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Challenge for you guys, here:

I need some method (preferably built-in, but F/OSS third-party apps may also be considered) to generate a list of sub-folders, at a certain level, along with (or, better, filtered by) their "modified date". Please note, that I need a list of folders only - the output should exclude files.

Example:

For folder structure:

C:
\---Reports
    +----Task1
    |    \----Report1
    |         +----CSV
    |         +----HTML
    |         \----XML
    +----Task2
    |    +----Report1
    |    |    +----CSV
    |    |    +----HTML
    |    |    \----XML
    |    +----Report2
    |    |    +----CSV
    |    |    +----HTML
    |    |    \----XML
    |    \----Report3
    |         +----CSV
    |         +----HTML
    |         \----XML
    \----Task3
         +----Report1
         |    +----CSV
         |    +----HTML
         |    \----XML
         \----Report2
              +----CSV
              +----HTML
              \----XML

I want the list to have information similar to:

PATH                         | MODIFIED
=============================|==========
C:\Reports\Task1\Report1     | 6/23/2011
C:\Reports\Task2\Report1     | 6/17/2011
C:\Reports\Task2\Report2     | 6/30/2011
C:\Reports\Task2\Report3     | 7/06/2011
C:\Reports\Task3\Report1     | 6/22/2011
C:\Reports\Task3\Report2     | 7/13/2011

(Note the exclusion of folders above or below the level of "Report#" folders.)

Or, ideally, I'd like something that could generate a report like this:

PATH                         | MODIFIED
=============================|==========
C:\Reports\Task1\Report1     | 6/23/2011
C:\Reports\Task2\Report1     | 6/17/2011
C:\Reports\Task2\Report2     | 6/30/2011
C:\Reports\Task3\Report1     | 6/22/2011
=============================|==========
TOTAL                        |         4

(Note that this represents a filtered version of the previous list, restricted to a certain date range.)

This is going to be done in Windows XP/2003. PowerShell is available. Again, I'd rather use available built-in utilities, but F/OSS tools may be considered also.

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1 Answer 1

up vote 8 down vote accepted

Powershell:

gci C:\Reports\*\* | where {$_.LastWriteTime -gt ((get-date)- (new-timespan -day 7))} | select FullName,LastWriteTime | ft

Breaking it down a bit:

gci (aka get-childitem) does what it sounds like, treats the supplied file system path as an object and pulls the child items (files or folders) from it.

That gets piped to the where statement, which has a single filter function as it's argument.

The filter function is a 'simple' comparison, in this case {A -gt B} = "True if A is Great Than B". The first part of this is $_.LastWriteTime which takes each object passed from the pipe and pulls the LastWriteTime property out. The last part of this is a relative date construct; nothing is super simple in PS. The first part of date thing gets the current date, then it subtracts an amount of time from that number (in this example I'm creating a new date object that contains the value of 7 days; so now minus 7 days would give the date 7 days ago).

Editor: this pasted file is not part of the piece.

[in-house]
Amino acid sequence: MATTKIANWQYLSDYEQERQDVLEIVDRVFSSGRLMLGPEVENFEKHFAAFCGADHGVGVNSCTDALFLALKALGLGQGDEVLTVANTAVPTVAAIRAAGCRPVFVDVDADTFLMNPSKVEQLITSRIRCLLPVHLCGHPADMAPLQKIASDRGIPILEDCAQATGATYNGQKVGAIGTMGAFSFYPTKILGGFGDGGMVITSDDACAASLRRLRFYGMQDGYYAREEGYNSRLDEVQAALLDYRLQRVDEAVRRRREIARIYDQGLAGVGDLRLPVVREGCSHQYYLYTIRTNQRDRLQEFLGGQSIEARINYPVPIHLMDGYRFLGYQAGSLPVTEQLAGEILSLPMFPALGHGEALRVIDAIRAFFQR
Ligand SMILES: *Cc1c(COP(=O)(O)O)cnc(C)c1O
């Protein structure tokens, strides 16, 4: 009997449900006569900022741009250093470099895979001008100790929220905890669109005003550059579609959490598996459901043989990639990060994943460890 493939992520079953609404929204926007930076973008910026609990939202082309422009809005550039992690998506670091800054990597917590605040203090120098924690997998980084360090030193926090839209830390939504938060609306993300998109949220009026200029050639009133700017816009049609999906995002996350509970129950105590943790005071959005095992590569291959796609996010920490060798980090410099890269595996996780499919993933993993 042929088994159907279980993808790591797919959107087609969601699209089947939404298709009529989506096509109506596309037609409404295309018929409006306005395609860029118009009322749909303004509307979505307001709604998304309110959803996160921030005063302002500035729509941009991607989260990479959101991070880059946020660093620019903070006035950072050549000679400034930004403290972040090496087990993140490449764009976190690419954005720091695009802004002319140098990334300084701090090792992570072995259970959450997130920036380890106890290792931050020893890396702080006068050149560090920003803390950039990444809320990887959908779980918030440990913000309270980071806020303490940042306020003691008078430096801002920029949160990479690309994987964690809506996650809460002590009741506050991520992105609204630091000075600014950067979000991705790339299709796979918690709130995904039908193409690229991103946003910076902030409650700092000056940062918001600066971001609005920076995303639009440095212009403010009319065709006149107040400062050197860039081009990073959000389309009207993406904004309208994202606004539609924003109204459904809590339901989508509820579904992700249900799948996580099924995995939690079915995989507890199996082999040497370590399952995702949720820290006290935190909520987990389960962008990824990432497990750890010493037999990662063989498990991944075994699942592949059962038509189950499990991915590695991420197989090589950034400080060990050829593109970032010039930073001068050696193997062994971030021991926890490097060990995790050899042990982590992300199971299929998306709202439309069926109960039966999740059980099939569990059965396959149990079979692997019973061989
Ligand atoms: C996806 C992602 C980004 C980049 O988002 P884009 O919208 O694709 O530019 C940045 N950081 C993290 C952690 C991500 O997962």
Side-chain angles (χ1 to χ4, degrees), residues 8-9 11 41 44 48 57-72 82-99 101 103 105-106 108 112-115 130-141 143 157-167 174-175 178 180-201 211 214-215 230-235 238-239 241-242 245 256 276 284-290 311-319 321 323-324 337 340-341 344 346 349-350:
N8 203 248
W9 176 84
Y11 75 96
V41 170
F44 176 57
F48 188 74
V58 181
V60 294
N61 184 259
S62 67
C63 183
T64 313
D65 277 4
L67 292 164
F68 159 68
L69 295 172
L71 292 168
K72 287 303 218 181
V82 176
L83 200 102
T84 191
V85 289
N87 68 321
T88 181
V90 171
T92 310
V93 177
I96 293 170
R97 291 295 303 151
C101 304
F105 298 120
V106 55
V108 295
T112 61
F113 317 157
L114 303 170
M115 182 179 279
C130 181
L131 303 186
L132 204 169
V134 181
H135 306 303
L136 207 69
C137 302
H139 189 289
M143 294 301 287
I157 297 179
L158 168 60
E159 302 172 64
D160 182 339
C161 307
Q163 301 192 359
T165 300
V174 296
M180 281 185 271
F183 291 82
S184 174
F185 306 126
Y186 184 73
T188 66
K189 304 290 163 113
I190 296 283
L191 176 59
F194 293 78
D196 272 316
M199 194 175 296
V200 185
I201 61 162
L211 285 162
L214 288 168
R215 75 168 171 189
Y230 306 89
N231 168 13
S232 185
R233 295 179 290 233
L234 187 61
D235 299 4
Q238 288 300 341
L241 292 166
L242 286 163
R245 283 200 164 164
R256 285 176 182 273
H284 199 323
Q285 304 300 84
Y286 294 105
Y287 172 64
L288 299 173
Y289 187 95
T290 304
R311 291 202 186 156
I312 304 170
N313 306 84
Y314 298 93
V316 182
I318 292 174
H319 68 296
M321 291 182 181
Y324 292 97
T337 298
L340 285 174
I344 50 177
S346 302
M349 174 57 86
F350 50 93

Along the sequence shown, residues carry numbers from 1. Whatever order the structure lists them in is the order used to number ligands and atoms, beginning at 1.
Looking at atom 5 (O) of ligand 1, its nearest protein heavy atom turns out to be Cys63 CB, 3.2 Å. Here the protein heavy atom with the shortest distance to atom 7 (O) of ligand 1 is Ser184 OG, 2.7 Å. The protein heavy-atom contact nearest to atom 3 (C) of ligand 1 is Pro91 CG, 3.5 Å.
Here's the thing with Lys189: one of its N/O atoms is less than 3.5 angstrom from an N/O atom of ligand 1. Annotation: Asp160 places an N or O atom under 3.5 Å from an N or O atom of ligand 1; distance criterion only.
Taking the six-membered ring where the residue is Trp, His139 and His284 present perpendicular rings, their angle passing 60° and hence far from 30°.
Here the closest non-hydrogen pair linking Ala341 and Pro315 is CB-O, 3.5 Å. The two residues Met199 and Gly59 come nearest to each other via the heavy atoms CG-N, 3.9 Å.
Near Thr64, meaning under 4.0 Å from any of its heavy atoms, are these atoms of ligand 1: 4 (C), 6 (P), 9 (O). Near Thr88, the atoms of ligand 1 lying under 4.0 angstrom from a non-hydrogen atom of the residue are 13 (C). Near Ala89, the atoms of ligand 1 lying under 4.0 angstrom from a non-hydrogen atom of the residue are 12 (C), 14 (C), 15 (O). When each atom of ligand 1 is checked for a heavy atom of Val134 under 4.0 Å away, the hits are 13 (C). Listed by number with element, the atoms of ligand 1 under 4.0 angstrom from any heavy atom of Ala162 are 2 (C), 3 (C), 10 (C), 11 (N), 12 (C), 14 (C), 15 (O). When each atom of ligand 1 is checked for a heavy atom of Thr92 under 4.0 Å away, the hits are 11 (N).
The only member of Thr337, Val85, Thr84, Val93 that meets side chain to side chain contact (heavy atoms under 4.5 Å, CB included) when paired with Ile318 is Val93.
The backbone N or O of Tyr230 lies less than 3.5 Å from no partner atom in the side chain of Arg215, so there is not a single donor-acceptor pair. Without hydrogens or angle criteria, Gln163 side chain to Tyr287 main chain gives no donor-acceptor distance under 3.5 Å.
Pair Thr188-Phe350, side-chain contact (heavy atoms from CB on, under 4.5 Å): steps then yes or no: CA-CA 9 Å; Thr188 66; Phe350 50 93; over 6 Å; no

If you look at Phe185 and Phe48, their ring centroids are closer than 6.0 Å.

From those objects that made it through the where filtering I'm pulling out just the FullName and LastWriteTime properties, since that's all we care about.

Finall it's piped to the format-table (aka ft) command so it makes a pretty table like this:

FullName                           LastWriteTime
--------                           -------------
C:\Reports\Task1\Report1           7/11/2011 10:00:00 AM
C:\Reports\Task2\Report1           7/10/2011 5:00:00 AM
C:\Reports\Task2\Report2           7/6/2011 9:00:00 PM
C:\Reports\Task4\Report7           7/4/2011 3:00:00 PM

To get just the count of all that, enclose the above command like this: (mess_from_above_less_the_ft_part).count (Have to take the "| ft" part off or it adds 4 lines of table formatting that get counted and will throw your count off by 4.

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1  
Wow. I've got a lot of PowerShell learning to do. Though most of it seems fairly logical, do you mind breaking it down a bit more? Also, a copy of the output would be cool to have here, too. –  Iszi Jul 11 '11 at 19:20
    
Okay, I've run the command on my target, and the output is a bit too verbose to be immediately useful. Is there any way to pare that down a bit, so that there's only one line per item found? Also (or alternatively) can I get PowerShell to just give me a total of the search results? –  Iszi Jul 11 '11 at 19:35
    
@Iszi, changed it a bit to be prettier, and option for just the count. –  Chris S Jul 11 '11 at 19:46
    
Ack! I'm missing one more step (will add to OP also) - need to retrieve directories only. Thanks again, for the great help! –  Iszi Jul 11 '11 at 20:18
1  
You can add it to the current where statement so that the where part of the pipeline becomes: where {($_.LastWriteTime -gt ((get-date)- (new-timespan -day 7))) -and ($_.psIsContainer -eq $True)} –  Matrix Mole Jul 12 '11 at 3:51

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